How does your background inform your writing?

In every way possible! How can you write and not be informed by your background. My opinions creep through, even when writing fiction. My likes. My dislikes. Certain characters are inspired by people I’ve met and certain plotlines are inspired by events from my own life. My very first book, a collection of short stories about high school, Life, Death and Detention, was heavily inspired by my school experiences.

How would you describe your ‘brand’ as an author? What is it that differentiates you from other authors?

I’m not sure I have a ‘brand’ as such. Writing for the education market means that I write a huge variety of stuff in differing styles. With my trade writing, I hope what manages to come through is a certain off-beat sense of humour… particularly in terms of character. Edgar the dragon, for example, from Gamers’ Quest. He’s old, grumpy and sarcastic, and married to an enormous, human-looking woman named Vera, who has a liking for interior decorating and floral patterns.

If you could travel back in time to the moment before you sent off your first manuscript, what advice would you give yourself?

Two main bits of advice:

1. Be prepared for rejection! There will be a lot of it.

2. When you do finally get a book published, be prepared to promote it. When my first book was published I naively thought that was it — I went back to my computer and went on with my writing. Meanwhile, the book went on to get a couple of good reviews but languish, unread, on bookshop shelves. I stupidly though the publisher would do all the promotion. Experience has taught me that I need to get out there and promote. Which is exactly what I’ve been doing with Gamers’ Quest.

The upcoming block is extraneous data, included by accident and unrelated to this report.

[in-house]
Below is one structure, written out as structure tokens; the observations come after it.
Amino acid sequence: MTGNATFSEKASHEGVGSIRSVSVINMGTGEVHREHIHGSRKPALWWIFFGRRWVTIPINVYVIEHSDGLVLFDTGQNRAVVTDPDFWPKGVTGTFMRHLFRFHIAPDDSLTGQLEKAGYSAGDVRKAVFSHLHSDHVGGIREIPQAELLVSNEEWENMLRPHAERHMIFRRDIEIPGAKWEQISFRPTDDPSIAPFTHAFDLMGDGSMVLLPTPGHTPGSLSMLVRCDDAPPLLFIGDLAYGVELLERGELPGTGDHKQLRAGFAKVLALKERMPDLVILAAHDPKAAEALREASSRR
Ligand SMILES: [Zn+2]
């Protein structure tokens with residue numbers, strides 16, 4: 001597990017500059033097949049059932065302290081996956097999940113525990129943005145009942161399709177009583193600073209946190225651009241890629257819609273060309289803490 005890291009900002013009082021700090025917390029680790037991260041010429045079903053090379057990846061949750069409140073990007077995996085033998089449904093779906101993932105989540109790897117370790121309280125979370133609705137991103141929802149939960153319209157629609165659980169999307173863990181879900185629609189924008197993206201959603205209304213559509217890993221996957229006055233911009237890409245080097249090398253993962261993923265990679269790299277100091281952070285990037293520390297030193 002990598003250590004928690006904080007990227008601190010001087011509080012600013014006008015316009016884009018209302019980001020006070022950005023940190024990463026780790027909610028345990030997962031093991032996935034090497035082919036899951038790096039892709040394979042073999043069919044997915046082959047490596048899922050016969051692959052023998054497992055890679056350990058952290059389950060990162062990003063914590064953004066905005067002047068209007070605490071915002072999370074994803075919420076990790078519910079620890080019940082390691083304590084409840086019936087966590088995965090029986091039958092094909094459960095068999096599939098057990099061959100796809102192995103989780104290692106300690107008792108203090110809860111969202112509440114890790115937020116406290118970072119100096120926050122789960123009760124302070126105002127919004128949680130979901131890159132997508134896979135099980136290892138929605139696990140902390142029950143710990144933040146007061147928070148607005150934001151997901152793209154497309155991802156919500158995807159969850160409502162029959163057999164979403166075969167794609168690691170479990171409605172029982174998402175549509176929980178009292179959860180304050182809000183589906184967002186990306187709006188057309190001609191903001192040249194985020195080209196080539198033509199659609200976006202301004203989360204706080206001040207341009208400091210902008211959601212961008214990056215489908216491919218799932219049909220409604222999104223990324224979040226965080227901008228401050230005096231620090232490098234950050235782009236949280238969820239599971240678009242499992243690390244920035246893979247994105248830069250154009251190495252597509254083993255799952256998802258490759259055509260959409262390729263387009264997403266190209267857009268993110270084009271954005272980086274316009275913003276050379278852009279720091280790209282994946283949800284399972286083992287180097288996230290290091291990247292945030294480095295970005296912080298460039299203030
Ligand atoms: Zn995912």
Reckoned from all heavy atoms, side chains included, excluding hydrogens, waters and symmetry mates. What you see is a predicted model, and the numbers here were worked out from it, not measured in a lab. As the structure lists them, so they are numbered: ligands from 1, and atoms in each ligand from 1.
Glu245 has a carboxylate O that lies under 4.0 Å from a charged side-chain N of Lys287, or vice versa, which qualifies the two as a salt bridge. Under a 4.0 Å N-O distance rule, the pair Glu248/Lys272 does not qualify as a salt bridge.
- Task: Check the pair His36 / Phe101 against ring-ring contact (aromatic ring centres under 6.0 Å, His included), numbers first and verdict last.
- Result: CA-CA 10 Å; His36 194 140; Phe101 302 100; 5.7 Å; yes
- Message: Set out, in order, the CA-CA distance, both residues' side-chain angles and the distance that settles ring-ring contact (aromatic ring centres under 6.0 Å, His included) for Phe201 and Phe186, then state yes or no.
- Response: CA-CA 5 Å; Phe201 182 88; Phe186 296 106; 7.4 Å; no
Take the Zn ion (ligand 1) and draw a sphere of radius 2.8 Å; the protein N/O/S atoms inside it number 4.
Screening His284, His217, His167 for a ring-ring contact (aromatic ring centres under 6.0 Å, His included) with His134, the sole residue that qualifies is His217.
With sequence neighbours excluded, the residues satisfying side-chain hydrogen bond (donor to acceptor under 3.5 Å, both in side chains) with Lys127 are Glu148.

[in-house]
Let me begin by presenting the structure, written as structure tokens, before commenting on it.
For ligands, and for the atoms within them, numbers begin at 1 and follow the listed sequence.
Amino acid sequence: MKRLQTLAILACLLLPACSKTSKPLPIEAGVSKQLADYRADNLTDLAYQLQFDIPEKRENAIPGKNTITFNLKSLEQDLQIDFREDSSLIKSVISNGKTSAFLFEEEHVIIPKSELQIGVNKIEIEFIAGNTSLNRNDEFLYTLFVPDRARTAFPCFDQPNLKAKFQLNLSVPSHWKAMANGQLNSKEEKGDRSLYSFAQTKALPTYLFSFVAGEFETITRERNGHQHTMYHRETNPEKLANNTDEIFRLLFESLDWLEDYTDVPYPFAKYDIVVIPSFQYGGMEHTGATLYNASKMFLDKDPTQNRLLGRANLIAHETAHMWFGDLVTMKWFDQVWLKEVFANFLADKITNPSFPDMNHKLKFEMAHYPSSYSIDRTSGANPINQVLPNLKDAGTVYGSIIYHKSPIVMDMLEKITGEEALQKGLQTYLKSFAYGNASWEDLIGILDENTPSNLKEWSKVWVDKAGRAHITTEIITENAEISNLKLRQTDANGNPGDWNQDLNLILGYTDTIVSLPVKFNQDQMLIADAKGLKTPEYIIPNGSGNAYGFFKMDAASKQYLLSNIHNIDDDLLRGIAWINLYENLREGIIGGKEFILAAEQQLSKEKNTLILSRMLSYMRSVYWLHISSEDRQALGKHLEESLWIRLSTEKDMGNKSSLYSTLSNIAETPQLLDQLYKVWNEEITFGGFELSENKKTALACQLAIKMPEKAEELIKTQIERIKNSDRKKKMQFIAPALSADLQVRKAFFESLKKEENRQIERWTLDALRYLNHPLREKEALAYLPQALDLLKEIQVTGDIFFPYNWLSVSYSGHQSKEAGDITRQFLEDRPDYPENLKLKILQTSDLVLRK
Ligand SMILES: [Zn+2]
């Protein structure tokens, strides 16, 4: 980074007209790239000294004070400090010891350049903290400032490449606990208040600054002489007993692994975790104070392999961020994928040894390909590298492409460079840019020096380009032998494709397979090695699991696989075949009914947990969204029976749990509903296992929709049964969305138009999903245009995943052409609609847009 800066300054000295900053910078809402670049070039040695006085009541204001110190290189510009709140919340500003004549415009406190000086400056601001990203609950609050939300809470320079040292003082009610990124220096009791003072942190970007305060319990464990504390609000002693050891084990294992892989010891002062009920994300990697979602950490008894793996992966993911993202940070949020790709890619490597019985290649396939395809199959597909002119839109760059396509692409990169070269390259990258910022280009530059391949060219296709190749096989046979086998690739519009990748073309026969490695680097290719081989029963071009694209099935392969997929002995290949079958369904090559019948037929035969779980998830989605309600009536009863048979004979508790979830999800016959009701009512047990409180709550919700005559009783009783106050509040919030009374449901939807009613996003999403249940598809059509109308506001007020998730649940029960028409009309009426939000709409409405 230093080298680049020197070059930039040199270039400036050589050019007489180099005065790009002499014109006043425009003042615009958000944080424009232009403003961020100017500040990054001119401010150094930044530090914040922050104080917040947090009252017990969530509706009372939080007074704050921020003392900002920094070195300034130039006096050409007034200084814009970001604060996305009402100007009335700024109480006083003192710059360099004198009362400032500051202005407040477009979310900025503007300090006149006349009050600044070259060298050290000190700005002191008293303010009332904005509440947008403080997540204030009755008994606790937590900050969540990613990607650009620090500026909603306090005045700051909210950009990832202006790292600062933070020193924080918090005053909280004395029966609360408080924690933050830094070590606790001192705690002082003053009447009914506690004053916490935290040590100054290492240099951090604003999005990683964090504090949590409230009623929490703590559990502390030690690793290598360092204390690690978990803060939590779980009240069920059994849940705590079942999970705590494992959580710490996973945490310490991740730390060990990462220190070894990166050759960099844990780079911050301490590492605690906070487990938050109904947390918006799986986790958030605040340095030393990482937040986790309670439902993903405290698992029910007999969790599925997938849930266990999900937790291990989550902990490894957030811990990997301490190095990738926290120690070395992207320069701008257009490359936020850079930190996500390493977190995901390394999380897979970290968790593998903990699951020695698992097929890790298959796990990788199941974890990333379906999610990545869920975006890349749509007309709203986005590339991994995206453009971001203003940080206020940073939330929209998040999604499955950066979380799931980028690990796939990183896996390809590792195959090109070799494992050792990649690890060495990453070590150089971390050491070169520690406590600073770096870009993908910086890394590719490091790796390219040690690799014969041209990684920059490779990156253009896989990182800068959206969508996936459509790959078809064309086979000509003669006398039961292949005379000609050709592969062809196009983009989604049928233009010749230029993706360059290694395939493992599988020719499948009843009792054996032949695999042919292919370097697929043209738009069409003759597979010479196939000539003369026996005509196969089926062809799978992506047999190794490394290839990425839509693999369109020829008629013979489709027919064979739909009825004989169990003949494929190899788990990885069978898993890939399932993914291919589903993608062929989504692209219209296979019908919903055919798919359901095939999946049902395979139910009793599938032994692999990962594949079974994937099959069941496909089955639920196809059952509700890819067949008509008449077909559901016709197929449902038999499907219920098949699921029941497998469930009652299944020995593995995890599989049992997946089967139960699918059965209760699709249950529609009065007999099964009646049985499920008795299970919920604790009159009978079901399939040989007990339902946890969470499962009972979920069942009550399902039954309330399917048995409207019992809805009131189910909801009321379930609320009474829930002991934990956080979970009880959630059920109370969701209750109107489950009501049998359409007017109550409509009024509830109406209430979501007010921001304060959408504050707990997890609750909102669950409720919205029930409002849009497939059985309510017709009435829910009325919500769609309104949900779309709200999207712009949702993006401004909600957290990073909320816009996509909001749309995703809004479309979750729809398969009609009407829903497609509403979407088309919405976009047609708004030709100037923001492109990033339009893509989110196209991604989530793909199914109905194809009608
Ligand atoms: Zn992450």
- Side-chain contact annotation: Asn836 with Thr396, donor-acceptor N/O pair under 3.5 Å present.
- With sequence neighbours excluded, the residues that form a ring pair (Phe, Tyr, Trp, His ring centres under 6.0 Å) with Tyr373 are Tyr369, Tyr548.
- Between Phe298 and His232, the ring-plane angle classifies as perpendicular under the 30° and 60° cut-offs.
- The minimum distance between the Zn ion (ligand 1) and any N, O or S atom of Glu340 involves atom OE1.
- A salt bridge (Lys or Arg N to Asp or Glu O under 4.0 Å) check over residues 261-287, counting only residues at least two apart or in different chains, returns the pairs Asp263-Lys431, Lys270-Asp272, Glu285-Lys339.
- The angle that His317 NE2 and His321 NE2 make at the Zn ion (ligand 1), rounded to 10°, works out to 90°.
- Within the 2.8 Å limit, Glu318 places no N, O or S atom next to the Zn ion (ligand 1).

George Ivanoff, thank you!

George’s bio

George Ivanoff is an author and stay-at-home Dad residing in Melbourne. He has written over 40 books for children and teenagers. His latest novel, Gamers’ Quest, is currently in bookstores. Two of his books (Life, Death and Detention and Real Sci-Fi) have been on the booklist for the Victorian Premier’s Reading Challenge since its inception in 2005.

George has also had stories published in numerous magazines and anthologies, most recently in Short and Scary and Belong. Check out George’s website at:

How did you get published? Pt 2 of an interview with children’s author, Fiona Trembath

This is part 2 of an interview with Australian children’s author,  Fiona Trembath. See my previous post for part 1.

Fiona Trembath's book, 'Crackpot'

Fiona's first book, 'Crackpot'

Fiona, how did you manage to get media coverage for your book? 

Yes. I employed a publicist (Alan Davidson), and he was able to get me a lot of media coverage. I’ve been on ABC Radio National, ABC Launceston, Hobart, WA, Newcastle, and Melbourne (Richard Stubbs’ program), plus a few local and community radio stations. I also appeared on Kerri-Anne Kennerley’s show and had a feature article about me in the Herald-Sun newspaper.

I employed a publicist because I hate ringing and asking things like ‘Can I please be on your program?’ Or ‘You simply MUST publish my book, because…’  etc.  That sort of thing. Part of me says ‘Why would anyone be interested in you?’